Tuesday, 24 February 2015


Lowdown: An American tank crew fights for survival towards the end of WW2’s European campaign.
Saving Private Ryan is a tough act to follow, at least when it comes to the visceral portrayal of the horrors of World War 2 fighting. Since that movie came along, at the second half of the nineties, not many a movie tried to follow its line of attack. Yes, you get your The Thin Red Line, but that was more of a psychological experience. But perhaps due to a Brad Pitt wishing to establish himself as the next Tom Hanks, Fury tries to fit itself exactly into the foxhole occupied by Private Ryan.
Fury revolves around the crew of Fury, an adequately named Sherman tank that’s been to the thick of World War 2 since D-Day and is now firmly into German territory. Everybody knows the days of German resistance are coming to end. However, this does not mean that the Germans are not putting up a fight; it is their homes they are now defending, with their Nazi regime forcing even the children to put up a fight or hang from the top of a pole at the public square instead. That one last push aside, Nazi Germany had significant technological advantages over the Allies when it came to tank vs. tank warfare. The result? Heavy casualties to the Allied armoured divisions.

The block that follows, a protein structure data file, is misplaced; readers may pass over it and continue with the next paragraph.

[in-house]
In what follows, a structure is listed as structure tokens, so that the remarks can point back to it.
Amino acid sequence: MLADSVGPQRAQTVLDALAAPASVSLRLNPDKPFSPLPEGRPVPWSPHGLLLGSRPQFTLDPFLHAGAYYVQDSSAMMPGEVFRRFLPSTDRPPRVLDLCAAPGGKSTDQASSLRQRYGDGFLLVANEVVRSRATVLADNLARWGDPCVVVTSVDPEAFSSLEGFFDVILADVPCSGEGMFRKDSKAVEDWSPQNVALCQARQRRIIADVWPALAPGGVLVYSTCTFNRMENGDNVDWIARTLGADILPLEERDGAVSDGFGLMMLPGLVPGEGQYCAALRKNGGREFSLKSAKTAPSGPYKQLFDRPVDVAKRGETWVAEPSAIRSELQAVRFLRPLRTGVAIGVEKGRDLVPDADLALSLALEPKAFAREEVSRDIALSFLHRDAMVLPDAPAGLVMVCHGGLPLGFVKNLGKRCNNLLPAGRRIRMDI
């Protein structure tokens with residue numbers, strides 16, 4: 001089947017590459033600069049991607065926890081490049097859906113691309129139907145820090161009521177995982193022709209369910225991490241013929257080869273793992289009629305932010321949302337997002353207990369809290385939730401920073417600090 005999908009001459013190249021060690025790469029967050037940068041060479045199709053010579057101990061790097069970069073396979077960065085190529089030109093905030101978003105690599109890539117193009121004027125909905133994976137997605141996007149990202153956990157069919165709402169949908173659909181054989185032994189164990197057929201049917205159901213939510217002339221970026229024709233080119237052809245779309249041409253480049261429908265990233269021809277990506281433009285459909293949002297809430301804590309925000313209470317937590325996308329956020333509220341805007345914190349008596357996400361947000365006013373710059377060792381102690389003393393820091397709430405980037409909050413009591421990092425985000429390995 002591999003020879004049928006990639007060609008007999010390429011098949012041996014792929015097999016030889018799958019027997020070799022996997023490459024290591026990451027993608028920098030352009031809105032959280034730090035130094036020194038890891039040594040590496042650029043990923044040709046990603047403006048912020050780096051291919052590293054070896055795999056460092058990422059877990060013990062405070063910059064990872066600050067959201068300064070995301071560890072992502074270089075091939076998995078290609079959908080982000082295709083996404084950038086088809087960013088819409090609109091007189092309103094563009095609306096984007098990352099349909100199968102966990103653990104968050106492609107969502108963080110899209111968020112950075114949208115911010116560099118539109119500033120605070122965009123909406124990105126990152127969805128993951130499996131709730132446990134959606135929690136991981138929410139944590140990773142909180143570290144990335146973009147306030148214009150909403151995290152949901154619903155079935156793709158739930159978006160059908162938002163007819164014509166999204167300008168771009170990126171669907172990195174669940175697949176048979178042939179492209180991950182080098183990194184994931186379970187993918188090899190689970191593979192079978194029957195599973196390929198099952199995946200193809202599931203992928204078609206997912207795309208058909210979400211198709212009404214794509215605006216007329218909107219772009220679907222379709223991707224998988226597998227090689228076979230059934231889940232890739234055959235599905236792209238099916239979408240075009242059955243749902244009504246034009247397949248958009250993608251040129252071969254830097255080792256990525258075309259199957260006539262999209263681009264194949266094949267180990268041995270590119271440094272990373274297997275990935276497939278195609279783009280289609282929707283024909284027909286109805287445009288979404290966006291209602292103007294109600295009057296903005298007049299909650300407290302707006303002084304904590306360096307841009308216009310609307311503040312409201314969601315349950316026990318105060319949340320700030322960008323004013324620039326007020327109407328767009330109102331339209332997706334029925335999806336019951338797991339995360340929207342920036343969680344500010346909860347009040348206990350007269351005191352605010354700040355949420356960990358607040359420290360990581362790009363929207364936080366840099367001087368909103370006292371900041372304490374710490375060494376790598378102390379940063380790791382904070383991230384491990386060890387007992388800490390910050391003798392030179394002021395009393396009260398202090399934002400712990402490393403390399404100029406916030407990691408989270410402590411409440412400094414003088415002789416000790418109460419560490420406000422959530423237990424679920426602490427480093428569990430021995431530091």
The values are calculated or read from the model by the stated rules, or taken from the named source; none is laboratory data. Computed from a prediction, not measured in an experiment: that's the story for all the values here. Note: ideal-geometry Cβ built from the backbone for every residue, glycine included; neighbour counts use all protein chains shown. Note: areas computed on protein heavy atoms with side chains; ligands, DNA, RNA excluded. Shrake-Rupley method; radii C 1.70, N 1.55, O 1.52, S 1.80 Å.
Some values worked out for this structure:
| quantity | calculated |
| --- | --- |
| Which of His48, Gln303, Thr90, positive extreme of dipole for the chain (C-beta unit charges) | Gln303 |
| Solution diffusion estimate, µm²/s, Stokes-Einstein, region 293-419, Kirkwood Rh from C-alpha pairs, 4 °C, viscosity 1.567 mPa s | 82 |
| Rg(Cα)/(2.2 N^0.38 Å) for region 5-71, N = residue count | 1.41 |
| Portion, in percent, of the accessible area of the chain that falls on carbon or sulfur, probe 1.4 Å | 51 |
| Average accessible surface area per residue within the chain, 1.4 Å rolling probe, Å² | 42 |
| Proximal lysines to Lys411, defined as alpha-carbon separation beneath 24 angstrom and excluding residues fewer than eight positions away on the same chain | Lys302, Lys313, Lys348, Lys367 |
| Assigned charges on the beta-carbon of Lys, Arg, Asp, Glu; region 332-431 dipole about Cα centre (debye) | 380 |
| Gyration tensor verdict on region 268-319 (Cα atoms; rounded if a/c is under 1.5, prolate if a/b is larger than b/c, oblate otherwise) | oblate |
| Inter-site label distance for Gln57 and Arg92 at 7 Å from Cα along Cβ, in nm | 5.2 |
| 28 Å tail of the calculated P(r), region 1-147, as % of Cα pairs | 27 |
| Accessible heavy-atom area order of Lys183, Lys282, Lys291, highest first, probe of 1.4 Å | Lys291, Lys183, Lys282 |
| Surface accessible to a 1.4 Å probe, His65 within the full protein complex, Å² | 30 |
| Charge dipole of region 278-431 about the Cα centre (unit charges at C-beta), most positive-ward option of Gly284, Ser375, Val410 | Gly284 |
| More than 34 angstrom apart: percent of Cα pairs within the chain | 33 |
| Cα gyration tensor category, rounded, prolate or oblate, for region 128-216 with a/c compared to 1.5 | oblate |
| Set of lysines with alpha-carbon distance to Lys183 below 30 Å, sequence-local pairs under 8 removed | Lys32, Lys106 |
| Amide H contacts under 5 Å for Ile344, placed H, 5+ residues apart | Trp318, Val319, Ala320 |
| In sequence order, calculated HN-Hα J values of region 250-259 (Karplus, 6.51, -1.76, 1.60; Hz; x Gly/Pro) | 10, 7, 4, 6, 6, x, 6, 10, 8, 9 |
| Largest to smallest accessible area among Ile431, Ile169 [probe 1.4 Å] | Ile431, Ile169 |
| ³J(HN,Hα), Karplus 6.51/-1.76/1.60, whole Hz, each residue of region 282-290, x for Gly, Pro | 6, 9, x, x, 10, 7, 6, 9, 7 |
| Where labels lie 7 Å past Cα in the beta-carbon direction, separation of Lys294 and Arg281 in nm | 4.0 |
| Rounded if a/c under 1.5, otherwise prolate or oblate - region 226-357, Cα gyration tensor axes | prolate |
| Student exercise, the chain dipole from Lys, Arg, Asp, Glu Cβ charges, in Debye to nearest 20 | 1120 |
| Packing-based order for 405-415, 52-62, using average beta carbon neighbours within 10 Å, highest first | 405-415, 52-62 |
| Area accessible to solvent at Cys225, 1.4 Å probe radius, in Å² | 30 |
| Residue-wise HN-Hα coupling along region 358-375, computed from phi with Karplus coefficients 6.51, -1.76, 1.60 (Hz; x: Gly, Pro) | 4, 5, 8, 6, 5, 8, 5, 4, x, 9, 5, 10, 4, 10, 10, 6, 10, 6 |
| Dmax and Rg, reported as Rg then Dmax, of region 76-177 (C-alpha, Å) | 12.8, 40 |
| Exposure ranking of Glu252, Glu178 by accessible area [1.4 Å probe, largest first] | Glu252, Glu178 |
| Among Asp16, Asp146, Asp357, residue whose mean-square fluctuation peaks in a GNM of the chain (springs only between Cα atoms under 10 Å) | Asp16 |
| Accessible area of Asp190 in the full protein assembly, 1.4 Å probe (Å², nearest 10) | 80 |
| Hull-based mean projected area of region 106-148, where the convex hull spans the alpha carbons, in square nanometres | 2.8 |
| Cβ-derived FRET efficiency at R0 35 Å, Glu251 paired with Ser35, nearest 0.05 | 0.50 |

We meet up with Fury shortly after a battle that has it as the sole surviving Allied tank. Not all crew members made it: there’s tank commander Don (Pitt). There's gunner Boyd (Shia LaBeouf, whose alleged retirement I regarded as a win/win situation but which does not seem to have happened). There's the psychotic and menacing mechanic (Jon Bernthal, who – since dying in The Walking Dead – seems to have established a niche for himself through The Wolf of Wall Street and now Fury). There's even a tank driver, but there is no machine gunner; the latter is now in pieces.
Given that times are tough, a newly recruited office worker of extreme youthful appearance and zero experience in battle, Norman (Logan Lerman), is offered as a replacement. It is obvious this Norman is at odds with the battle hardened crew; predictability wise, given Fury is an American movie after all, it becomes obvious that either mentor Don or student Norman will not make it to the credits.
If you’ve seen Private Ryan then you’d know where Fury is heading off to. You will have your battles, you will have the windows into the souls of the warriors as they witness death all around them (both with comrades as well as civilian population), you will have conflicts between the crew members, and you will get your final suicidal epic last stand against the concentrated forces of Nazi Germany. As I said, predictable.
To its credit, Fury is very intense. If it’s a war movie that you seek, you will not be disappointed; some scenes here look like they came straight off World of Tanks. If you are after a movie that shows the horror of war, look no further; I will argue that of all the war movies I have seen, Fury probably tops the list when it comes to me wondering how a soul battered by such war experiences can ever go back to being a functional member of a healthy society. Yet there is one thing that Fury isn’t: it isn’t Saving Private Ryan, and it doesn’t reach half the peaks achieved by Spielberg’s masterpiece.
Overall: Fury is good, but it cannot rise above second best. 3.5 out of 5 hard shelled crabs.

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